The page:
Avery County is celebrating its 100th anniversary of formation this weekend (the actual date was in February, but unless you want to ski down the street, we don't expect many folks at a parade in Avery County in February). There will be a parade, concerts, festivals, and I'm even participating in a local living history on the square in front of the courthouse. So, I thought we could make Avery County the focus of our next North Carolina in the Civil War county profile.Since we are celebrating the 100th anniversary of our founding, you've probably figured out that Avery County did not exist during the War. The area was a part of Watauga, Mitchell, and Caldwell Counties, with the majority lying in Mitchell.
Avery County was sparsely settled in the 1860s, with most of the inhabitants living in the southern, less mountainous region, which in itself is a contradiction, considering that the whole area is pretty mountainous. Most men in the area served in Company A, 58th North Carolina Troops, also known as the Mitchell Rangers. This company was organized in December 1861, a reaction to the bridge burnings in east Tennessee. The Mitchell Rangers were a part-time infantry and cavalry organization. They spent their time guarding mountain passes from the Unionists in east Tennessee. After the conscription ordinance was passed, the infantry of the Mitchell Rangers became Company A, 58th North Carolina Troops, while many of the mounted men transferred to the 5th Battalion, North Carolina Cavalry, and even later, the 6th North Carolina Cavalry. There were a few others who served in the 6th North Carolina State Troops and the 29th North Carolina Troops. There were also some men who served in the 3rd North Carolina Mounted Infantry, a Federal organization made up of men from the mountains of western North Carolina and east Tennessee.
Within the confines of Avery County there was the Cranberry Iron Mines, which produced iron ore for the Confederacy, employing up to 40 men during the conflict. In June 1864, Capt. George W. Kirk of the 2nd/3rd North Carolina Mounted Infantry led a raid through the area and into Burke County. The Federals' goal was Camp Vance, which they successfully destroyed. They fought several skirmishes with local home guard contingents on their way back up the mountain. Kirk's Raiders were armed with seven-shot Spencer rifles, so the contest always tipped in favor of Kirk's men. Once back into present-day Avery County, the Raiders burned the home of Col. John B. Palmer and destroyed the iron works at Cranberry.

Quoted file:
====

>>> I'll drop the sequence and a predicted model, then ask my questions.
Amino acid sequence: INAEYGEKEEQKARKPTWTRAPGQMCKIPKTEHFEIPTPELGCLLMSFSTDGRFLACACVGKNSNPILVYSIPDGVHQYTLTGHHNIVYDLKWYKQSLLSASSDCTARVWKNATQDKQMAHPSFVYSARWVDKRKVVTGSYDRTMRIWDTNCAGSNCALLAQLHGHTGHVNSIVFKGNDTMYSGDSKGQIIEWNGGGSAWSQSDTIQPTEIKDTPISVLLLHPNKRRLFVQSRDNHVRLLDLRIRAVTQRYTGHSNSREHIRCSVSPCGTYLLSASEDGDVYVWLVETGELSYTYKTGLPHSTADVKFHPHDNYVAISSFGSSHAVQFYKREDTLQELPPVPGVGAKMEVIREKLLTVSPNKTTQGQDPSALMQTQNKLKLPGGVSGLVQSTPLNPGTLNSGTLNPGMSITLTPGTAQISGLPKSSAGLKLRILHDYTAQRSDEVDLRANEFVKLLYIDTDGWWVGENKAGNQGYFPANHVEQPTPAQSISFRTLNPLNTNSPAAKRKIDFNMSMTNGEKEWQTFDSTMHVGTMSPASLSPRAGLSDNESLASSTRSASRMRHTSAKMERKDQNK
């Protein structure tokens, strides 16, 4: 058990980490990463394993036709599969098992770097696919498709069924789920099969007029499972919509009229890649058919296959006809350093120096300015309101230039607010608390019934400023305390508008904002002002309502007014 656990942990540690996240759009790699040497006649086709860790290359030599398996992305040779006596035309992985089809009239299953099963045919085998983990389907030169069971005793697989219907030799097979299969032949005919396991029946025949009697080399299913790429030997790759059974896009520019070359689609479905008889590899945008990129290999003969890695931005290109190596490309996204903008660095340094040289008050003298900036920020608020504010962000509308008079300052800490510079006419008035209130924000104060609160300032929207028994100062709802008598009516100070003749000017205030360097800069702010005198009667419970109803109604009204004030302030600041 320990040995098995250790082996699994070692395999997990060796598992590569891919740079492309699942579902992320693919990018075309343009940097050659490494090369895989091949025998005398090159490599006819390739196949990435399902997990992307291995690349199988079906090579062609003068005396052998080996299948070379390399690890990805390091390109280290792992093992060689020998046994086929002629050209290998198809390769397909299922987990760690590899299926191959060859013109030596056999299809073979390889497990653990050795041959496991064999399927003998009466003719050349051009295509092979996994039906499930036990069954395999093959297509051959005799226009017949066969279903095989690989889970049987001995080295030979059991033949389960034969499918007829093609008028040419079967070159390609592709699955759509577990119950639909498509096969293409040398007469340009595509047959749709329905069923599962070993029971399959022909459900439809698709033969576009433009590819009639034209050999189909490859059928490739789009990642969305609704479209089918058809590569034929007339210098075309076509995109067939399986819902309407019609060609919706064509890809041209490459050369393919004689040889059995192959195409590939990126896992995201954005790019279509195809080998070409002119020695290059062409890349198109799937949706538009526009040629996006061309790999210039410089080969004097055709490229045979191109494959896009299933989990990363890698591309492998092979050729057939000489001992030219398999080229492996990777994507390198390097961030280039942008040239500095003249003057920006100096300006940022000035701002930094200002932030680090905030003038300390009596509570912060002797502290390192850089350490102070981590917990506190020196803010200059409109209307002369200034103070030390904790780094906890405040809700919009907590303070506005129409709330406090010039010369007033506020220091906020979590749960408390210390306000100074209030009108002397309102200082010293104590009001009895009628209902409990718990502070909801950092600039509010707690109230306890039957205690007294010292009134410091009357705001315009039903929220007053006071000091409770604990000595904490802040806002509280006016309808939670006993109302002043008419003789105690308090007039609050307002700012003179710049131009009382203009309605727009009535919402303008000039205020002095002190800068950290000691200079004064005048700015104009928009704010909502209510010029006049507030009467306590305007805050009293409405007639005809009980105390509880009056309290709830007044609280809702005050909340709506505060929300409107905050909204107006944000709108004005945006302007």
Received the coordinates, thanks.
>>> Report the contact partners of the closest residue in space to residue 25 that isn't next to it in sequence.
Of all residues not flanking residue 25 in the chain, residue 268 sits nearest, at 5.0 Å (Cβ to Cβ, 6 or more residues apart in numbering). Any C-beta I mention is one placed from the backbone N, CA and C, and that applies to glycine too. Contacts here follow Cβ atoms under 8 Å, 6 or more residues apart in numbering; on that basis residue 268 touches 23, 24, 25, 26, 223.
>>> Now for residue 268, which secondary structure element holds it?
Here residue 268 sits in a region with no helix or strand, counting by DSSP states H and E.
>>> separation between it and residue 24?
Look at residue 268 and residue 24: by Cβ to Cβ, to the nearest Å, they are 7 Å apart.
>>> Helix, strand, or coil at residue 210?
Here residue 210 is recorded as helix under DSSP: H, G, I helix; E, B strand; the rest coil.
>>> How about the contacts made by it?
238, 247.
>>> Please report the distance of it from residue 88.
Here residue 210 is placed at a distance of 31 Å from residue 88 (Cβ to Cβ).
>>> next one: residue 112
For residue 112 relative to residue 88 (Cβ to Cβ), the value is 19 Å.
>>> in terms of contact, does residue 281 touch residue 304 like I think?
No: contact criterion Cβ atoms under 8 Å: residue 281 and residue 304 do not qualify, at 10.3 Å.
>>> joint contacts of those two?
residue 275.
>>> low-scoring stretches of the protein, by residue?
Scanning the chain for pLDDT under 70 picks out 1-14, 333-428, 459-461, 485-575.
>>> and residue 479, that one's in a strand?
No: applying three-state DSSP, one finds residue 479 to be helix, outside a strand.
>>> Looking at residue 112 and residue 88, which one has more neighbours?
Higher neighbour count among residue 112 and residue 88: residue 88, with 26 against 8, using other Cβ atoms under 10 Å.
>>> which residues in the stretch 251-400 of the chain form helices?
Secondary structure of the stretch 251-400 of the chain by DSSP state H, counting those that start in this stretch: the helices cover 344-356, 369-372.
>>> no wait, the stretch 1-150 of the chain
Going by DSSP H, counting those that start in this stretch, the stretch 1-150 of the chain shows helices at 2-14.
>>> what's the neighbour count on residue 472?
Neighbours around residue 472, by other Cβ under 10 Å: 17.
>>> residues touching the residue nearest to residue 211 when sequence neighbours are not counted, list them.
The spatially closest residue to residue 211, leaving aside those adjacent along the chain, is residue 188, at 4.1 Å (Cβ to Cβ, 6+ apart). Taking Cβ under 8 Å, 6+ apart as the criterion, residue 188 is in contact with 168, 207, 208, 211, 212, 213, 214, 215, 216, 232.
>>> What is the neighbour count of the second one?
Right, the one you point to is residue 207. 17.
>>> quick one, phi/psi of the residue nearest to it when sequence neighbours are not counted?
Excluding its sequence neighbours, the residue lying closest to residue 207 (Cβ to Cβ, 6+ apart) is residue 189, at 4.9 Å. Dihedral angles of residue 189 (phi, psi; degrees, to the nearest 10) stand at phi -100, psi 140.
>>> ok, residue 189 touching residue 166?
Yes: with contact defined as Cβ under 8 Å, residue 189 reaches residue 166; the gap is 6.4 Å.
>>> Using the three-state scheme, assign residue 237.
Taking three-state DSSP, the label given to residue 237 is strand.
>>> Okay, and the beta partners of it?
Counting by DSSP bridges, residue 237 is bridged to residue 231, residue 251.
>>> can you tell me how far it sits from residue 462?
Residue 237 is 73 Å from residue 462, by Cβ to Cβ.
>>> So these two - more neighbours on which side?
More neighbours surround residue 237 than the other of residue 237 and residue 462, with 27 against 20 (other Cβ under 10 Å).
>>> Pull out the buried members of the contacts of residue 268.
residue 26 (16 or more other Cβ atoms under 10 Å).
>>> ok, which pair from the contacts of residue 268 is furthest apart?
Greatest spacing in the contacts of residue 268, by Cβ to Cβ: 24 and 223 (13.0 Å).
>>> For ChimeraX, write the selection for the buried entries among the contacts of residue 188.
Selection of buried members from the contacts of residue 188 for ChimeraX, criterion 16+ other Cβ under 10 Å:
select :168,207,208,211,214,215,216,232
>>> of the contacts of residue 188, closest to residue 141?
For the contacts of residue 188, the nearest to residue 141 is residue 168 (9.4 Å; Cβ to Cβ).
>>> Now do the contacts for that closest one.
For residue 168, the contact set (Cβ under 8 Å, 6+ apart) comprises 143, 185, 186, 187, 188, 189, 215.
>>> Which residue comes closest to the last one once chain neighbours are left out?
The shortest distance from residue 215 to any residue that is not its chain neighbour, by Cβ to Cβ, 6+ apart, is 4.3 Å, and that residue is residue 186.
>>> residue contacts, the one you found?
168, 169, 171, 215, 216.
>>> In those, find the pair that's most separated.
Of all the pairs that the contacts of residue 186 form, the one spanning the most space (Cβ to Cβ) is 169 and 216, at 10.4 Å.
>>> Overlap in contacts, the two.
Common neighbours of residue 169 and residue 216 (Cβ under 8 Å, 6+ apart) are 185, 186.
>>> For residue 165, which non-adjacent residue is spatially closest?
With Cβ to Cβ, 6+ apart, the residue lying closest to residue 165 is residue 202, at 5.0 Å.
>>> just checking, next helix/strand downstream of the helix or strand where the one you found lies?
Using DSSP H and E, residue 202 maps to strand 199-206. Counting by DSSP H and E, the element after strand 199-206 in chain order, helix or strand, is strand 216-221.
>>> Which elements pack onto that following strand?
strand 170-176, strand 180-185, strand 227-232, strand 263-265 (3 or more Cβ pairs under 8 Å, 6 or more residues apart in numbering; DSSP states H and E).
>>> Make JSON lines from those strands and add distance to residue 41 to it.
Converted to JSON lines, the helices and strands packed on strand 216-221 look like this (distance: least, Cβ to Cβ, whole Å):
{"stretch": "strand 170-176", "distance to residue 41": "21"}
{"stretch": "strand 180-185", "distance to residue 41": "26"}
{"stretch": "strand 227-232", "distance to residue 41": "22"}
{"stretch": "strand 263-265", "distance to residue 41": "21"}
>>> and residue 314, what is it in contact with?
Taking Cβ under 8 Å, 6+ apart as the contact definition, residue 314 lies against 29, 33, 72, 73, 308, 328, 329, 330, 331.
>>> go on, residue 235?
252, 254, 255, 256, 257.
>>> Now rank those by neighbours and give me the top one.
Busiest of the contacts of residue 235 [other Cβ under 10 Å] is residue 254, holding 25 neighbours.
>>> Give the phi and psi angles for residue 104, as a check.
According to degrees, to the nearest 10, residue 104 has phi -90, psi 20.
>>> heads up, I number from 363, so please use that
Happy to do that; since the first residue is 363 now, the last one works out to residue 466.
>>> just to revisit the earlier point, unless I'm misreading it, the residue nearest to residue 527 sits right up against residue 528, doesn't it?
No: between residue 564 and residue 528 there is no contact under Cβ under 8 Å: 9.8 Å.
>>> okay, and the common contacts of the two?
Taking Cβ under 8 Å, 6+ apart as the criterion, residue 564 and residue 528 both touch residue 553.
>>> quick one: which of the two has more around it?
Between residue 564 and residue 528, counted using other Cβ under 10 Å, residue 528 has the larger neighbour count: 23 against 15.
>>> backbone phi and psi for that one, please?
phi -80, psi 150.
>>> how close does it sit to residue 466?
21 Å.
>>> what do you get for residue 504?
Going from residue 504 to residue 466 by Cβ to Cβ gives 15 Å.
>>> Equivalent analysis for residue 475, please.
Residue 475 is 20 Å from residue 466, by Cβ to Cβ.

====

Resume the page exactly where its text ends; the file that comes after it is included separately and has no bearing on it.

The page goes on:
One other important part of local history can be found in the Banner Elk community. There was an underground railroad that ran through Watauga County, with Banner Elk as one of the stops. This underground railroad funneled escaped prisoners from Salisbury and from South Carolina, along with other dissidents, through the mountains and into Federal-held territory in east Tennessee. The Banner Elk community was a Unionist haven, while at the same time, ironically enough, the Banners were the largest slave owners in the area.
There were no veteran groups in Avery County, nor is there a Confederate monument. The only monuments can be found in the numerous cemeteries scattered throughout the county.